Prescribers, including pharmacist and nurse prescribers, can use the EPiC dashboard to freely access their own prescribing data. They can compare their data with practice data and national data. Non-prescribers can also access the online EPiC dashboard to explore national dispensing data.
Amoxicillin + clavulanic acid dispensing is high
The addition of clavulanic acid to amoxicillin extends amoxicillin’s spectrum of activity, adding cover against anaerobic and gram-negative bacteria. In primary care, amoxicillin + clavulanic acid is recommended first-line for only a small number of clinical indications.6 Generally, these are:
- human and animal bites
- diabetic foot ulcer
- mastitis in males and non-lactating females.
Given these few first-line indications, low levels of amoxicillin + clavulanic acid dispensing in the community would be expected. However, data from the EPiC Antibiotics dashboard clearly show high use of amoxicillin + clavulanic acid in Aotearoa New Zealand. In fact, this drug combination remains the second most used antibiotic after amoxicillin.7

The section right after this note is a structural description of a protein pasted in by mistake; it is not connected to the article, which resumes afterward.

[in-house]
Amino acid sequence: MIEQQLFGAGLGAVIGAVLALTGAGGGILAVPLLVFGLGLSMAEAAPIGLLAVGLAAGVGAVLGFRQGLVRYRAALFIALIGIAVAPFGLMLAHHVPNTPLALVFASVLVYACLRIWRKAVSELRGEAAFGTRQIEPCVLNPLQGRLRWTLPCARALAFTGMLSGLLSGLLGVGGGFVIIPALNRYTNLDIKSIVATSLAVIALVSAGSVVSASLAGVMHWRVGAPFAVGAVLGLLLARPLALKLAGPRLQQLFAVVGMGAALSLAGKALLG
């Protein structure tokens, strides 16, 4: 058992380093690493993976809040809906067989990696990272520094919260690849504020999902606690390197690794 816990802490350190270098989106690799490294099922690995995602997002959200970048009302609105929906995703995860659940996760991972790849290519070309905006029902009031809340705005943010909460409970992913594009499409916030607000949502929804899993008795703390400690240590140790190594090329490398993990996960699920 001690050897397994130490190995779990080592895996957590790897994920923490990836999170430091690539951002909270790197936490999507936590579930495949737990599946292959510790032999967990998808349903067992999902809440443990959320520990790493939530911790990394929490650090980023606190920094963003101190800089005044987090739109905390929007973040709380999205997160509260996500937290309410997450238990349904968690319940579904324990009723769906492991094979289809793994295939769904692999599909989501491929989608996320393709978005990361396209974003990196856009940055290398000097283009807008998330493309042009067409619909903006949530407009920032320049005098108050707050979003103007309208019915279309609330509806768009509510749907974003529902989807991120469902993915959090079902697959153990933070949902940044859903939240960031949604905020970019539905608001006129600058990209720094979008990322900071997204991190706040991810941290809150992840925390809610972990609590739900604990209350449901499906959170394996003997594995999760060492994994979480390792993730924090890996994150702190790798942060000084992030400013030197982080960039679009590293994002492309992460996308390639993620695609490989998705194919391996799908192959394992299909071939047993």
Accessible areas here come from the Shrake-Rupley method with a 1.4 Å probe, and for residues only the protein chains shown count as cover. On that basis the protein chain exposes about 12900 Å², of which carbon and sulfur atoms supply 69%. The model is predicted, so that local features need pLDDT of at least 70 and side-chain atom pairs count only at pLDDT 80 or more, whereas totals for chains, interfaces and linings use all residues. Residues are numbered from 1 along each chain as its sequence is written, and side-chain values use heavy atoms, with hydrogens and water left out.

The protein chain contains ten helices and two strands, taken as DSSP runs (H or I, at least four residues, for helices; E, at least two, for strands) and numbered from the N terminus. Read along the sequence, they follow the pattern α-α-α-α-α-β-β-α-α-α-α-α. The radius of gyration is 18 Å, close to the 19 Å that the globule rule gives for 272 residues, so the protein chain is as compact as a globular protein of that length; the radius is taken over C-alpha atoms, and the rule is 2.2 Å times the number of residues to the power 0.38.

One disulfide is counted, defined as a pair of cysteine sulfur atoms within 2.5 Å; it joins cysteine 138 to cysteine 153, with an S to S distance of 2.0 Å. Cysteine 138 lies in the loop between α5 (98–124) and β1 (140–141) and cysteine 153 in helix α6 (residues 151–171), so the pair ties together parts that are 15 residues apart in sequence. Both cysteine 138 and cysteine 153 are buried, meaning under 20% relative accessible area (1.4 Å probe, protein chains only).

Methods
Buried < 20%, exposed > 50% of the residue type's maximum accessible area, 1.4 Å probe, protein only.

There is a seasonal shift in prescribing
The EPiC dashboard also shows a seasonal shift in antibiotic prescribing, indicating they are likely being used inappropriately, and possibly for viral illnesses, over the winter months.7
Amoxicillin + clavulanic acid should not be used to treat community-acquired pneumonia; this condition is most commonly a result of gram-positive bacteria. Treatment guidelines suggest community-acquired pneumonia can usually be sufficiently treated with amoxicillin alone.6
Including indications on prescriptions may reduce use
Before prescribers provide a script for amoxicillin + clavulanic acid, they should be considering whether this extended cover is required for the infection they are treating.
One of the World Antimicrobial Awareness Week recommendations, from a WHO initiative, is for prescribers to add a meaningful indication to a prescription for antibiotics. This prompts the prescriber to reflect on their choice of antibiotic and facilitates communication between healthcare providers and patients.8
Infectious diarrhoea is more likely
Nearly all antibiotics can increase susceptibility to colonisation and overgrowth of toxin-secreting Clostridioides difficile (previously called Clostridium difficile) but amoxicillin + clavulanic acid along with cephalosporins, fluoroquinolones and clindamycin increase risk to the greatest extent.9